landscape of our nation. and an education system flush with cash but which leaves our young and beautiful students deprived of all knowledge. and the crime, and the gangs, and the drugs that have stolen too many lives and robbed our country of so much unrealized potential. this american carnage stops right here and stops right now. [applause] steve: january 20, the inauguration of donald trump, and bill kamps, in the classroom, how did this play out? william: i offered it in my classroom during real-time. it was at lunch, so students were not in class, that i made sure that students who wanted to come by and watch, could. there was mixed reaction. some certainly embraced some of the populist language of it. others felt like there was exaggeration.
for the most part, students didn't feel clued in. they were watching and and processing it. for me, it was interesting that a group in my fifth period class, a lead up to the socratic seminar for the rest of the class, at the end of the school year brought this back as a subject of populism. what is the grand narrative of presidency using populist what is the grand narrative of presidency using populist narrative and how that plays out in the inauguration, as well as the other campaign rhetoric? for them, it is interesting, as much as there were some differences in how they interpreted the day, they certainly were able to see it in a larger historical context, which is what we are looking for. host: in the context of your courses on government, we have had polarizing times in america. before world war ii, and isolation movement, watergate, the impeachment of bill clinton. how do you deal with the current political climate in context to what we have seen in the 20th
century? sunshine: i think explaining to students that what is different now is the ease of communication, and the fact that news travels so fast and so broadly, that it feels like everything is happening everywhere and to you. and also a wide array of news sources, that you can choose to only hear things you agree with already. that's what makes it different, but these are not new times. america has always been stronger than the challenges we face. for the kids feeling unsettled or left out or frustrated that there's no reason to be pessimistic, there is a reason to be optimistic. they are better at channeling the modern tools available than anyone at any time in history, so they have the capacity to create change, and they should view that as a very important tool, but it is also critical that they talk to other people and expand outside their own confirmation bias narrative to hear other stories, and that they can listen to something like the inauguration dispassionately.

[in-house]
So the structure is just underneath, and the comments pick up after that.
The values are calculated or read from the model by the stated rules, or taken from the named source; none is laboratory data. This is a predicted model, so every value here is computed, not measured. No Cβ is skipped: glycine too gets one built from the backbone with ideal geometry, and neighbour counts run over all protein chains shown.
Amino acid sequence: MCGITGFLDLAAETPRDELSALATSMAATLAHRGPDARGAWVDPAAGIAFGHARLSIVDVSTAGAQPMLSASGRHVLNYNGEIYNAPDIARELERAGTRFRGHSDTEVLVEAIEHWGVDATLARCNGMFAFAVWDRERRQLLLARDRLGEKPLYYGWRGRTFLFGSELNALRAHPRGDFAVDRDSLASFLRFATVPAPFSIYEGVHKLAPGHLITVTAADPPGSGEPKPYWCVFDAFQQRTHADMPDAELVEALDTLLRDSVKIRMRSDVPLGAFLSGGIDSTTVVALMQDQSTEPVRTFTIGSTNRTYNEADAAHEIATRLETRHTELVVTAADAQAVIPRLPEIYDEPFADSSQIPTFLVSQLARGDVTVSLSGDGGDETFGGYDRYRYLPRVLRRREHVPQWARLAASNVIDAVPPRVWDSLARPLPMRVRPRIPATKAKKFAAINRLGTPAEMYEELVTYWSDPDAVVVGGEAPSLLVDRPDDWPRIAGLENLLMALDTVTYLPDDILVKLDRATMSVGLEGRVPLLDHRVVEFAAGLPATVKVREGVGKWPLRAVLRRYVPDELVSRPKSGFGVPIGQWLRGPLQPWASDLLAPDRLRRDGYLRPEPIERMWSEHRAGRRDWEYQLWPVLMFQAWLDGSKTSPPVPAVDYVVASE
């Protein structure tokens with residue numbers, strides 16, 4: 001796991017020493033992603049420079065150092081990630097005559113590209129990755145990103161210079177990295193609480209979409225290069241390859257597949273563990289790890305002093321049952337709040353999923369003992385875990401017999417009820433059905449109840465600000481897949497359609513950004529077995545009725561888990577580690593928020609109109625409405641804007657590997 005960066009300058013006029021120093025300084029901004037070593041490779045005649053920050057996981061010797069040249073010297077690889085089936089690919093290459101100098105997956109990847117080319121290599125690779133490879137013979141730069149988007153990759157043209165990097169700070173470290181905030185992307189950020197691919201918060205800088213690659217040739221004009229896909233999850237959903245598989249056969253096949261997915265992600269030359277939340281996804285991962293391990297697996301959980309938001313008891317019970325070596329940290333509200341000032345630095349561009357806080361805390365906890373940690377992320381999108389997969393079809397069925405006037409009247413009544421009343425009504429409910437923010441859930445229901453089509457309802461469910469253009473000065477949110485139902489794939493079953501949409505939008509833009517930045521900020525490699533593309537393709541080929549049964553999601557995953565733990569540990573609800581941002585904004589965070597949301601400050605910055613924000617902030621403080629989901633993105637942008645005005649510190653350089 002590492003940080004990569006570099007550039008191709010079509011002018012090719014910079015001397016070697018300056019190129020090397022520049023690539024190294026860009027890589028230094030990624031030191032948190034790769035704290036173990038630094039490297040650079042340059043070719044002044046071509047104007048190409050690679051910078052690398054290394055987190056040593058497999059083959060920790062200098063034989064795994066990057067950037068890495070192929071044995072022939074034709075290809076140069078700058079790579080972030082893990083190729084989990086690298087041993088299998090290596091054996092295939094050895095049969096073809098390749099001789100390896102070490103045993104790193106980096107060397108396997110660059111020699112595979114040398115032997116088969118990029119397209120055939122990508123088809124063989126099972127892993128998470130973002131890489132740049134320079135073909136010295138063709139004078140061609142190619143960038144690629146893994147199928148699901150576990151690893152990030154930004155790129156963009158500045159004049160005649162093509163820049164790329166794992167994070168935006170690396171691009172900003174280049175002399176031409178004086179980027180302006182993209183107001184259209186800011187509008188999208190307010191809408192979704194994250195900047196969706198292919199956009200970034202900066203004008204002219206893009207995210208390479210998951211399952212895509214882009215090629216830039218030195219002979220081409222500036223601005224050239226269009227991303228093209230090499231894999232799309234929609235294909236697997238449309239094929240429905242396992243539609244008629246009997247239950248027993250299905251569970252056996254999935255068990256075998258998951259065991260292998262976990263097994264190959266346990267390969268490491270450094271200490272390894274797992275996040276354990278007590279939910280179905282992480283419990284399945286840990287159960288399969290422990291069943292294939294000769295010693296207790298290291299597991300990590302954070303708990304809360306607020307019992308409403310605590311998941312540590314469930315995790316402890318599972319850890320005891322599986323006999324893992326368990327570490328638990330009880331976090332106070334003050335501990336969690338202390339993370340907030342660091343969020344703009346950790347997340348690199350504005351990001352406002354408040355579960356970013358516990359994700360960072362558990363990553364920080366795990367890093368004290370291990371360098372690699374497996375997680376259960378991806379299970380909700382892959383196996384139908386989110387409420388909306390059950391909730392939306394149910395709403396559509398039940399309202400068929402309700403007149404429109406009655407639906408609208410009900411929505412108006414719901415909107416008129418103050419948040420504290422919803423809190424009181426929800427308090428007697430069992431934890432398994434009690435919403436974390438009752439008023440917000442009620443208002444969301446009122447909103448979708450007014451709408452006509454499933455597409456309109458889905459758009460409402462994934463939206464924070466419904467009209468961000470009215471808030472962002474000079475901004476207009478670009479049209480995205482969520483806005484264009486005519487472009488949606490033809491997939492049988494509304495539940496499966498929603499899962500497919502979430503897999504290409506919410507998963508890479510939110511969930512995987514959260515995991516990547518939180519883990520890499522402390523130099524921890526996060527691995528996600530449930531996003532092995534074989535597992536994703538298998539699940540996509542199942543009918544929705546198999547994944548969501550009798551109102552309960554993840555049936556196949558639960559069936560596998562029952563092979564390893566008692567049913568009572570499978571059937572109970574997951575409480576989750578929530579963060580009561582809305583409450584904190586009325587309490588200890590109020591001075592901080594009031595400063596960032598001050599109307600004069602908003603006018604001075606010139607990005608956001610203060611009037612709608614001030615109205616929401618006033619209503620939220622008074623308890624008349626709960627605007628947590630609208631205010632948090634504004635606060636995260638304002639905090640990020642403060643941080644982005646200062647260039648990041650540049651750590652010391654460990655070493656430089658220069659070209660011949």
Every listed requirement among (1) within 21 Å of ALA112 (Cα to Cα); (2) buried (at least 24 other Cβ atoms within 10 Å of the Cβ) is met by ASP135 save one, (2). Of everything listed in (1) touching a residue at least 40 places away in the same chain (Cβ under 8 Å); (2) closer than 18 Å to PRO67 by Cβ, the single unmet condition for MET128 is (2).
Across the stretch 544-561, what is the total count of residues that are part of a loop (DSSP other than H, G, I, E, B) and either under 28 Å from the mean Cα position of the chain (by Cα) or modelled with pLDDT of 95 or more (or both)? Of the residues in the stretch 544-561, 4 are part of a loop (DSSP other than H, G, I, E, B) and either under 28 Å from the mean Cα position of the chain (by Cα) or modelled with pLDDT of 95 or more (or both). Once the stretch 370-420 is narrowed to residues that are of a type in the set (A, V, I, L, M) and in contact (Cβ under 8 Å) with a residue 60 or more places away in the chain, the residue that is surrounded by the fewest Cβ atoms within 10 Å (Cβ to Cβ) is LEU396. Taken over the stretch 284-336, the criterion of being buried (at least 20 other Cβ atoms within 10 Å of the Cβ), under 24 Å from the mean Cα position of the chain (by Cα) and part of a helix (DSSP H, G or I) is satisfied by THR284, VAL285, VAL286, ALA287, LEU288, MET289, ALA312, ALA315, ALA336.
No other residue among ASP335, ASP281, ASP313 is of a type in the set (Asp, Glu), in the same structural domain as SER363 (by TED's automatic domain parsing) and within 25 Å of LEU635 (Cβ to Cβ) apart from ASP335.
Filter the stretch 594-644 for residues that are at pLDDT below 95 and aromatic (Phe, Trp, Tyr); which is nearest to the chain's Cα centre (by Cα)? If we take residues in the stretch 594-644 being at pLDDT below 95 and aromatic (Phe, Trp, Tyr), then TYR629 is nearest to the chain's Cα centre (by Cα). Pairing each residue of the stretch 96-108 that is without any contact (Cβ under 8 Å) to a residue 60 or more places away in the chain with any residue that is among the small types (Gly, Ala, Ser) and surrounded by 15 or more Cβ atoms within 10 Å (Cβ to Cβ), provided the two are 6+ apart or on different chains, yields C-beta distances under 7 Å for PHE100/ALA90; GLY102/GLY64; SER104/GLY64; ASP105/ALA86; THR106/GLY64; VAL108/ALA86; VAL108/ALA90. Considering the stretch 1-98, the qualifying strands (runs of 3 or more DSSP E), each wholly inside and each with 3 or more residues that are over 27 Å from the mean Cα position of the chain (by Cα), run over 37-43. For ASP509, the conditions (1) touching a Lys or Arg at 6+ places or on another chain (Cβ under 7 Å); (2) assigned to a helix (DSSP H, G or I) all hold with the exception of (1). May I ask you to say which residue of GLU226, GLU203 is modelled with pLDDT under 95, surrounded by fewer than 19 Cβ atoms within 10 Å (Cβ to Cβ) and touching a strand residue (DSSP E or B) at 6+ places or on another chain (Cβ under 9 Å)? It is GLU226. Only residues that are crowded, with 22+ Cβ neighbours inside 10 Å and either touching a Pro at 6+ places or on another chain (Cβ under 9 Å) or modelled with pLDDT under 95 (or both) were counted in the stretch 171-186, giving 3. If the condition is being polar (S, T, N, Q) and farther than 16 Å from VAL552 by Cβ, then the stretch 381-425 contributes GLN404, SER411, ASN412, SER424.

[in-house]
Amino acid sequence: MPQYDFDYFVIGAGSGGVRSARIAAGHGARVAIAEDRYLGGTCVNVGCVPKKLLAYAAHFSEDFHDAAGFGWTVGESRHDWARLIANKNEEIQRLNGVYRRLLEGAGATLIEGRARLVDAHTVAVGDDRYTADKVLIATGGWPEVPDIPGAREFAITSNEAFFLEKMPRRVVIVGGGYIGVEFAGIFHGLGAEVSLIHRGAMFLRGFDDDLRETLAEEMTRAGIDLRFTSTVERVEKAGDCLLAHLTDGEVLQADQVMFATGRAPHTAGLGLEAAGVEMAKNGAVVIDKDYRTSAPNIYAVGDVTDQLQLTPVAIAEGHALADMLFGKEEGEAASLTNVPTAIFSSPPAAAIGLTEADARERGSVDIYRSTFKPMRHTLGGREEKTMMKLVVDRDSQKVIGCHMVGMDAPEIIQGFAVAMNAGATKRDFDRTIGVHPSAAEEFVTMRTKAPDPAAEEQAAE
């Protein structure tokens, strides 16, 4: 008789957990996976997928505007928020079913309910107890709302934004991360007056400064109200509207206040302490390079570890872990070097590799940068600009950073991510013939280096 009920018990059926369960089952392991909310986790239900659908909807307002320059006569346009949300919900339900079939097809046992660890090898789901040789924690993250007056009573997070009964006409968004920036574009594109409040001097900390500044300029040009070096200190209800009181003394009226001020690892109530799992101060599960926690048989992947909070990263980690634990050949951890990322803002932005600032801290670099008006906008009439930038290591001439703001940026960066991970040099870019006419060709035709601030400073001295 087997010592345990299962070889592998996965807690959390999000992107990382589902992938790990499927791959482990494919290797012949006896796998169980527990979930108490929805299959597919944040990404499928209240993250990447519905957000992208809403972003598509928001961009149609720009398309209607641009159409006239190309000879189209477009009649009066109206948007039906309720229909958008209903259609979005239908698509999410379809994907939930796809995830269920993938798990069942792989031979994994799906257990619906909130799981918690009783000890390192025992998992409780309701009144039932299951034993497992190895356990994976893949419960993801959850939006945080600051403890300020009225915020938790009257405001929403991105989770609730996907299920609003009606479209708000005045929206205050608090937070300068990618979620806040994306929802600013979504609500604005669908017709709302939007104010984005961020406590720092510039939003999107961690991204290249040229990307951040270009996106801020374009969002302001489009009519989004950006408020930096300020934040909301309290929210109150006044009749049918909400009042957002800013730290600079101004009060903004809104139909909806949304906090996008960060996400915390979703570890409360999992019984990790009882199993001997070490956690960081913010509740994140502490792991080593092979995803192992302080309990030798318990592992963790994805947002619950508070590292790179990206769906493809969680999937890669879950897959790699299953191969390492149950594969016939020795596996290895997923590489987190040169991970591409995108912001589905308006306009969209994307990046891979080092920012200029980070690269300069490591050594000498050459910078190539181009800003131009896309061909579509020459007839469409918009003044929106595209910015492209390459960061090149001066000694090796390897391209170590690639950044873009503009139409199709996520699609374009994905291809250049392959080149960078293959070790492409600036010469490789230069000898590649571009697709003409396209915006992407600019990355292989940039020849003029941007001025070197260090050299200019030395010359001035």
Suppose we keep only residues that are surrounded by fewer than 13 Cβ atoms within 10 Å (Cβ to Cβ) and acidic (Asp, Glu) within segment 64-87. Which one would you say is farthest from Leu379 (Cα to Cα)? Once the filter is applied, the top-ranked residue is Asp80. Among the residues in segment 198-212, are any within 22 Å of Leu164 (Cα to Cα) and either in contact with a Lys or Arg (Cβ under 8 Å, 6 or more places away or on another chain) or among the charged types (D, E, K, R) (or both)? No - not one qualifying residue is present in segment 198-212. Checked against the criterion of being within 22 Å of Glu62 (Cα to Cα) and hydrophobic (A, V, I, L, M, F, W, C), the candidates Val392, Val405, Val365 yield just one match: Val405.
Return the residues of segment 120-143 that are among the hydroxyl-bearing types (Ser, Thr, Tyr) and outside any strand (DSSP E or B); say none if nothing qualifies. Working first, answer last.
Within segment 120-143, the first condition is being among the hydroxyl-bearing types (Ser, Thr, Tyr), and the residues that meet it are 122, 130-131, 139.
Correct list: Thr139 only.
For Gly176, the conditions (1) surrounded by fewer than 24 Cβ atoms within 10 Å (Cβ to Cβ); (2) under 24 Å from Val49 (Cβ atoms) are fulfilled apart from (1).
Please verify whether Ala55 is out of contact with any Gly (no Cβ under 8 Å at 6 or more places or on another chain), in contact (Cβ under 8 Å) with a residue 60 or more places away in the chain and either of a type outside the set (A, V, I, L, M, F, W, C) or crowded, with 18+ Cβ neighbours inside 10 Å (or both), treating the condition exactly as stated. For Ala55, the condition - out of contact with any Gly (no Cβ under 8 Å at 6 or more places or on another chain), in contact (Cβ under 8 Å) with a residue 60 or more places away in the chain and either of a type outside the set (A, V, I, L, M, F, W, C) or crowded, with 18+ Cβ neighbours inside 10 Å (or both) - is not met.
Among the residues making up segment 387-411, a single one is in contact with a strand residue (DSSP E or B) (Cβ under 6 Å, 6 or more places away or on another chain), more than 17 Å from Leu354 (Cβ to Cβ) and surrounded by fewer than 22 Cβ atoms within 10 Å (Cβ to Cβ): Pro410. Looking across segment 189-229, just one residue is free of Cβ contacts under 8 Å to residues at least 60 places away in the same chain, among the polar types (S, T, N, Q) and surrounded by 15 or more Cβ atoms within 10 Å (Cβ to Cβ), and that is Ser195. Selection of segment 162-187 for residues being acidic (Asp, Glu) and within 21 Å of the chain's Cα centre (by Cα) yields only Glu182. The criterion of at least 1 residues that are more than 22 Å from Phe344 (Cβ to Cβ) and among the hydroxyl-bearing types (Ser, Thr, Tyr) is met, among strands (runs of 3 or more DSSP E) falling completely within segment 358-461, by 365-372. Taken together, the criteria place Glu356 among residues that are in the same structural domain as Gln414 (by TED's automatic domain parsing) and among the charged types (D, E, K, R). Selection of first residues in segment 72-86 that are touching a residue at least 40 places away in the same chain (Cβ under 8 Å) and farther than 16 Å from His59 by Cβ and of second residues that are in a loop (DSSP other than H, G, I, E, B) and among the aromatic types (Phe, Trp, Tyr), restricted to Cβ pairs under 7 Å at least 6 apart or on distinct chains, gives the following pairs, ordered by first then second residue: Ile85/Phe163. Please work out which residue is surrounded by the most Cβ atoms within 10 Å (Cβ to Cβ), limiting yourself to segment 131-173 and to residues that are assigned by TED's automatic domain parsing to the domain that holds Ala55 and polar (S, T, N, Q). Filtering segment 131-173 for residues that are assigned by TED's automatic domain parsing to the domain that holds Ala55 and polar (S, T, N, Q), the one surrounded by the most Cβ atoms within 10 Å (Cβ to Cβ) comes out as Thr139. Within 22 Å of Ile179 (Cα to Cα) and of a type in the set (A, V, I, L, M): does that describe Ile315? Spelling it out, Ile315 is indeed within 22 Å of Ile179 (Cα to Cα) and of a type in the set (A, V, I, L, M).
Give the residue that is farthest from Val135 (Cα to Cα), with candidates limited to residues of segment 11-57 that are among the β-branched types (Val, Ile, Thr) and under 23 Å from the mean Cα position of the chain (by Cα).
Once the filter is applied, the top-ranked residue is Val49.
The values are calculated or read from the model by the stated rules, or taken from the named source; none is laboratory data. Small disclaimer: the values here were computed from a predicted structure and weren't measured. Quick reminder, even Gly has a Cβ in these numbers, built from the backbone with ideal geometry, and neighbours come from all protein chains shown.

maybe listen to it twice, one for the emotion, and one other time for reason and think, ok, now what do i do? bill: it's not a new discussion. i think most teachers would probably say we have been talking about checking sources and making sure you find reliable information along the way. as funny as it sounds, it is actually helpful for us as teachers that this is now a national dialogue and the word is thrown around, because now students are more hyperaware. i want to make sure i'm doing things accurately. in a way, it has given legitimacy to something that i think we have been saying all along, which is you have to make sure that what you say is supported by the right facts. you can't just go in and make something up on a paper. we will hit you on that. in some ways, it is nice there
is a national conversation about this, and it has allowed us to say, look how this is playing out around you. we are not just making it up. host: i know as part of your july fellowship, you got the chance to go to the white house and hear from jim acosta and others in the white house briefing room. this is jim acosta during president trump's first news conference. jim: aren't you concerned that you are undermining people's faith in the first amendment, freedom of the press when you call stories you don't like fake news? why not just say it's a story i don't like? not just undermining it. pres. trump: here's the thing. i understand that you are saying. -- i understand what you are saying. you're right, except -- i know when i should get good and when i should get bad. sometimes i will say, wow, that is going to be a great story, and i will get killed. i would be a pretty good reporter -- not as good as you. i know what is good. i know what is bad. when they change it and make it
really bad, something that should be positive, sometimes something that should be positive, they will make ok, or even negative. so i understand it because i am there, i know what was said. i know who is saying it. i'm there. it is important -- i want to see honest press. i started off today by saying it is so important to the public to get honest press. the public doesn't believe you people anymore. maybe i had something to do with that, i don't know. but they don't believe you. if you were straight and really told it like it is, i would hear -- i would be your biggest booster, i would be your biggest fan in the world, including bad stories about me. but as an example, you are cnn, it is story after story after story that is bad. i won. i won. the other thing -- chaos. this is zero chaos. we are running -- this is a